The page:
- High priority migrations occur:
- To bring virtual disk data that is outside of the tier affinity back into the tier affinity.
- When a disk is being decommissioned.
- When the performance class in a virtual disk storage profile has changed.
- When the tier number of a physical disk has changed.
- Regular priority migrations occur:
- When data is promoted or demoted based on frequent and consistent reads that raise or lower the heat map temperature. Data migration is relative to the usage of other data and available space in the tier. Demoted data will only be moved to a lower priority tier if it is required to make space for data that needs to be promoted to that tier.
- The migration of data is a gradual process occurring over time in order to lessen the impact on performance.
- Data migration requires free space in the tier affinity set of a virtual disk and will not occur if all space in the tier affinity is reserved, allocated, or in reclamation. Data cannot be migrated to a tier that does not have a physical disk or does not have free space.
- Data migration is also effected by the pool setting that preserves a percentage of disk tier space for future virtual disk allocations. See the section Tier Space Preserved for New Allocations in this topic for more information.
The disk tier number of a physical disk is used in the implementation of the auto-tiering scheme, as well as storage profile settings based on data priority.
Assign a tier number to each pool disk based on the performance of the disk. For instance, if the disk pool has three tiers, Tier 1 should consist of the fastest physical disks in the pool or the disks that should be used the most often. Tier 3 should consist of the slowest disks or disks that should be used the least.
- If physical disks are not assigned to every tier in a disk pool, then the next closest tier in the tier affinity will be substituted when data is promoted or demoted in the tiers.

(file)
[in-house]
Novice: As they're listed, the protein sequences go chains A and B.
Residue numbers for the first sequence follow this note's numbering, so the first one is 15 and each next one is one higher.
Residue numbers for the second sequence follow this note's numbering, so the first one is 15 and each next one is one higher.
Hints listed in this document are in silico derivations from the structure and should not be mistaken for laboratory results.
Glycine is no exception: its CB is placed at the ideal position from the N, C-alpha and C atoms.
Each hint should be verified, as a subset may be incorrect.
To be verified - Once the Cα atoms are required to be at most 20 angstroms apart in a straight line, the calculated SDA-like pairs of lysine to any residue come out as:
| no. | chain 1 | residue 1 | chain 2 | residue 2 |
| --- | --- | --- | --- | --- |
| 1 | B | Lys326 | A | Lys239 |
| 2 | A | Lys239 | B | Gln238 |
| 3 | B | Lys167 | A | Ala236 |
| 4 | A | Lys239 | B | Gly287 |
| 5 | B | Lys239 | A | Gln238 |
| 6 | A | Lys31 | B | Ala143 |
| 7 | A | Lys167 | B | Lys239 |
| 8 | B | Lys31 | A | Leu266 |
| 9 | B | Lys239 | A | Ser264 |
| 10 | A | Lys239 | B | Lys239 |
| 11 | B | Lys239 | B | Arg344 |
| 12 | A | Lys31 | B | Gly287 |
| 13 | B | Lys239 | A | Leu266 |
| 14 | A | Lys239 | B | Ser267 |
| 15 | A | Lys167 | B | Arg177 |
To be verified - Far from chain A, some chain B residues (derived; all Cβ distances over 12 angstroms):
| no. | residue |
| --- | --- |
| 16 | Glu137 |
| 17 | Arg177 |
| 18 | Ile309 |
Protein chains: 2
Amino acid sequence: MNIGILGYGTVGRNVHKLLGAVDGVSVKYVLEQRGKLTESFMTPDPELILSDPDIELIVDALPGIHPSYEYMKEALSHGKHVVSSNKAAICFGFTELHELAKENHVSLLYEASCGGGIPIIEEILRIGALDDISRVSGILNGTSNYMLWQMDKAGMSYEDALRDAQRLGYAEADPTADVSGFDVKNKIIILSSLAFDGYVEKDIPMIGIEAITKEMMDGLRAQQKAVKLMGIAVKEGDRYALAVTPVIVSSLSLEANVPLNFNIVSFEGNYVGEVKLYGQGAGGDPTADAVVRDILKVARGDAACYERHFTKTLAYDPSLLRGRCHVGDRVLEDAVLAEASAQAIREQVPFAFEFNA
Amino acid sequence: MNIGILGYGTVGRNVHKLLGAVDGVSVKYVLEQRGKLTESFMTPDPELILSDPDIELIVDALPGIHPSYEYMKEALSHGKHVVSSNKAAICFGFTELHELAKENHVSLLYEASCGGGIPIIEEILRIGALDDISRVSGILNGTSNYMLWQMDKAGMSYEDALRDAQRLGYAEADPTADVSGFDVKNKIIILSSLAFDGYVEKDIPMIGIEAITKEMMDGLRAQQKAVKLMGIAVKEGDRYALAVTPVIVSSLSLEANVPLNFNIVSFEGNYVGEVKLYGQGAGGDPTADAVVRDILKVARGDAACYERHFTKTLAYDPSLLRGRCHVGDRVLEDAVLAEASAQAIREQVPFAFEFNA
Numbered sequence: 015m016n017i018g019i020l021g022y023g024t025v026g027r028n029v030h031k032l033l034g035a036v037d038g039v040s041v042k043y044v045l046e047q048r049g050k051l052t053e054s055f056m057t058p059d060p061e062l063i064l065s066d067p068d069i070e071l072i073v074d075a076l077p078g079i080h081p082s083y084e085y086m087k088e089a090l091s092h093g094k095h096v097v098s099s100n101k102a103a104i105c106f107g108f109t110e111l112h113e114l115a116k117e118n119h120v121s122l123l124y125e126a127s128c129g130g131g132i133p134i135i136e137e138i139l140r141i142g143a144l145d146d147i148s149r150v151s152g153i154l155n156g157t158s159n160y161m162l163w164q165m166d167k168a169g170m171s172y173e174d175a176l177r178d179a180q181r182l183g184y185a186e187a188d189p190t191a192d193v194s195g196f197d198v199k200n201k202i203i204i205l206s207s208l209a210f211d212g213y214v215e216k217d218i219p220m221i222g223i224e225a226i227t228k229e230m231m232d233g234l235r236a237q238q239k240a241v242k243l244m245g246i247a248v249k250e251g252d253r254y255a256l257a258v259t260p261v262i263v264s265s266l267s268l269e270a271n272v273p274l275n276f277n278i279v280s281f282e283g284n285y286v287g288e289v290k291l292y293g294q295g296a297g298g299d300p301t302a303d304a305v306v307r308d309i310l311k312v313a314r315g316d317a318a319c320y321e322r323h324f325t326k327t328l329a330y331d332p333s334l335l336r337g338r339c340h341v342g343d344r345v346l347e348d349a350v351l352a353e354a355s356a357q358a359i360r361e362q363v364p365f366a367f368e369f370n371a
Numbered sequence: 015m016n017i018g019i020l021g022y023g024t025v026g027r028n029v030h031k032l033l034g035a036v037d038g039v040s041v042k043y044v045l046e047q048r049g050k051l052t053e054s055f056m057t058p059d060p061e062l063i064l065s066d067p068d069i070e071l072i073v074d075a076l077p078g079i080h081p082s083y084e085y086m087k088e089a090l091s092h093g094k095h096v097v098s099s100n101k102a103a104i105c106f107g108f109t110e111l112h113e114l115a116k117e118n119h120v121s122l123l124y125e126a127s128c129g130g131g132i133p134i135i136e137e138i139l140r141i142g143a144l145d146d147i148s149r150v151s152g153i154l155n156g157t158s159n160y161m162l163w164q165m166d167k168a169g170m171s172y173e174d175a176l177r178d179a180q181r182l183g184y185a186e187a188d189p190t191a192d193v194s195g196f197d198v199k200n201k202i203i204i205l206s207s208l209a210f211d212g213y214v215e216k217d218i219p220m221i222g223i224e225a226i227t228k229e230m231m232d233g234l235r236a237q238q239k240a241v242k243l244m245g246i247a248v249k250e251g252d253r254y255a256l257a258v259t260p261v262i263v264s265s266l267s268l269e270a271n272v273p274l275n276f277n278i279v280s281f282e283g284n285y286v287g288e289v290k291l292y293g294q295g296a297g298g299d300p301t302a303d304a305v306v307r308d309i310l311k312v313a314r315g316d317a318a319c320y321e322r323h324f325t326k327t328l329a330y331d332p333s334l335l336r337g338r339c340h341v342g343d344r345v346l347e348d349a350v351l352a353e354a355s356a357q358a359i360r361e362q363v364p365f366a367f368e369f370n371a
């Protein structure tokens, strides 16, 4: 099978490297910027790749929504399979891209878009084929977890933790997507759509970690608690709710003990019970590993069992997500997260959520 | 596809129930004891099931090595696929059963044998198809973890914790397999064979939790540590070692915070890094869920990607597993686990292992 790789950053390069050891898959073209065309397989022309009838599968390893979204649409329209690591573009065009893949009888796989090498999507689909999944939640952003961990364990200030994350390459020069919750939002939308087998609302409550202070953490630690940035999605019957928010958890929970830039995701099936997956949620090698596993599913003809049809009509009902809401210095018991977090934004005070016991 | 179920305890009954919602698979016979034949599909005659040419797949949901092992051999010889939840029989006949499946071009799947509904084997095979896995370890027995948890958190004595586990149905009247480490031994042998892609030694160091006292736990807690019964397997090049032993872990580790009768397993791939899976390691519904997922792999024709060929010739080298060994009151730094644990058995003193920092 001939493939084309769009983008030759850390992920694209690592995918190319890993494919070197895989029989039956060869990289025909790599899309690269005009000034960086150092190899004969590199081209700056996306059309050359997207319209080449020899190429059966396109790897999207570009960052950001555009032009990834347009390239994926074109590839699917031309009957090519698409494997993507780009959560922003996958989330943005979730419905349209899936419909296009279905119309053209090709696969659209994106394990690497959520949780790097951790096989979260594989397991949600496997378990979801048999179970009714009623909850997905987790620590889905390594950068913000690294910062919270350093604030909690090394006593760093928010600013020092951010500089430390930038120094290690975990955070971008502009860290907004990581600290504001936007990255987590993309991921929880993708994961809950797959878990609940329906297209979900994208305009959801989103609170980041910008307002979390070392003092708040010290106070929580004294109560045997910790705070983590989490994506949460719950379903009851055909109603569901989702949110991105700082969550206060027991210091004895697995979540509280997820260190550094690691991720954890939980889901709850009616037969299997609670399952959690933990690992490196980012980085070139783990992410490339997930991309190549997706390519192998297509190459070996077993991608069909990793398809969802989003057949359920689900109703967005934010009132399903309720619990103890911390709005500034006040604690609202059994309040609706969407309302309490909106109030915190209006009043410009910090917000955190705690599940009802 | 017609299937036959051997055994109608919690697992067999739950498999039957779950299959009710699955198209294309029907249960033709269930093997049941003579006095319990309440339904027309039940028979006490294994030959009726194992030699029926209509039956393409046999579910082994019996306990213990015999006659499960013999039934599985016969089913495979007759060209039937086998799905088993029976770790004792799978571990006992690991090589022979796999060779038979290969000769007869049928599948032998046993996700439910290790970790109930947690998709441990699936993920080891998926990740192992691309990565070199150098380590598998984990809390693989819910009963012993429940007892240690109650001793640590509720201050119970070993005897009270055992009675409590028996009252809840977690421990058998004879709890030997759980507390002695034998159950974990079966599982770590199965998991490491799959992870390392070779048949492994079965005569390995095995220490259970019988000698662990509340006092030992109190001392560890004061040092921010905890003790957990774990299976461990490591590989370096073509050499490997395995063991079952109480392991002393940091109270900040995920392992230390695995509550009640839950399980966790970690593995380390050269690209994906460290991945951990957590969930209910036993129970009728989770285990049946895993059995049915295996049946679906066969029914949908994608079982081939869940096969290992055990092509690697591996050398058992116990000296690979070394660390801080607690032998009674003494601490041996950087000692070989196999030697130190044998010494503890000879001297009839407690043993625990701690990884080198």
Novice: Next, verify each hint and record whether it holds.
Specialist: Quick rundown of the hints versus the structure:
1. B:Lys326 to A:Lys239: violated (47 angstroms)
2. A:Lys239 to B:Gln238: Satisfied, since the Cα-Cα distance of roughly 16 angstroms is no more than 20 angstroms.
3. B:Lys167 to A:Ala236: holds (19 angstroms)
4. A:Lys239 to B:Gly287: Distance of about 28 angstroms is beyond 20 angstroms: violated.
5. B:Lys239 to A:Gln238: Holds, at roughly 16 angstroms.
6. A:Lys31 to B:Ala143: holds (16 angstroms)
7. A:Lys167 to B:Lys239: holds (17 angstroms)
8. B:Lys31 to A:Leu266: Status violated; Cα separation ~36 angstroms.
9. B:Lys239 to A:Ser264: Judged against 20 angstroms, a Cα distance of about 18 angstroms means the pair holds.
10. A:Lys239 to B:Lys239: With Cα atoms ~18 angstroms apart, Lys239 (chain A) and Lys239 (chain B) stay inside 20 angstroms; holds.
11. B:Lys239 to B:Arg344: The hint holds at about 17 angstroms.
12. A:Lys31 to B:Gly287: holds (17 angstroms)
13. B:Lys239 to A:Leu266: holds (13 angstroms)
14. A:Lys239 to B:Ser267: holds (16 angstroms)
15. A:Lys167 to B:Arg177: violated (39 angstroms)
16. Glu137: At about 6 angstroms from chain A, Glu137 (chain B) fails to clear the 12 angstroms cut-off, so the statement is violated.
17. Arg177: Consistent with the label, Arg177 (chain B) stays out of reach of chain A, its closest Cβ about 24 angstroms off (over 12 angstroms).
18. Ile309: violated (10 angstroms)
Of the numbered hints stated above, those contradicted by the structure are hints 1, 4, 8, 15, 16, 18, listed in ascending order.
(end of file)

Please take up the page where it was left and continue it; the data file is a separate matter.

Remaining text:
- Data cannot be migrated to a tier that does not have a physical disk. Data migration does not occur unless auto-tiering is enabled.
- When the tier is changed for pool mirrors, both mirrored physical disks will be changed.
- Changing the tier number for a disk may cause data on the disk to be migrated if auto-tiering is enabled. Data migration will affect the disk pool performance.
- This setting is for use with Automated Storage Tiering, as well as storage profile settings when virtual disks are categorized by priority and pool disks are assigned to tiers based on performance. Use caution when auto-tiering is not enabled.
- If not licensed for Automated Storage Tiering and using the default storage profile settings for virtual disks (Normal), do not change the disk tier number—disks should only use the default tier.
- If non-default storage profiles are assigned to virtual disks, users must always ensure that sufficient physical disk space exists in applicable tiers to accommodate the storage profiles assigned.
To change tier number for a disk:
- In the DataCore Servers Panel, expand the disk pool. The physical disks will be listed.
- Right-click on each physical disk, point to Disk Tier and select the correct tier number.
Tier number can also be changed in the physical disk details page.
- Click Yes on the confirmation message to proceed with the operation.
The maximum number of tiers allowed in a pool is used in the implementation of the auto-tiering scheme.
The number of tiers is set per pool. The highest maximum number of tiers is 15; the default setting is three. There should be a significant difference in disk performance between tiers. Three tiers is optimal for most applications. The maximum number of tiers can be changed at any time.
- Changing the maximum number of tiers in a pool does not automatically alter the existing individual disk tier assignments. To decrease the number of tiers, ensure all physical disks are assigned tier numbers within the new tier range. Change the tier number if necessary.
- When calculating the number of tiers in a disk pool, there should be a significant difference in performance between tiers to justify the movement of data between tiers. Data migration will affect the disk pool performance.
- Automated Storage Tiering must be enabled for data migration to occur. If not licensed for Automated Storage Tiering, do not change this setting.
To change the number of tiers:
- Open theDisk Pool Details page>Settings tab for the disk pool.
- In the Disk Tiers area, select the new maximum number of tiers by clicking the arrows in the box.
- Click Apply.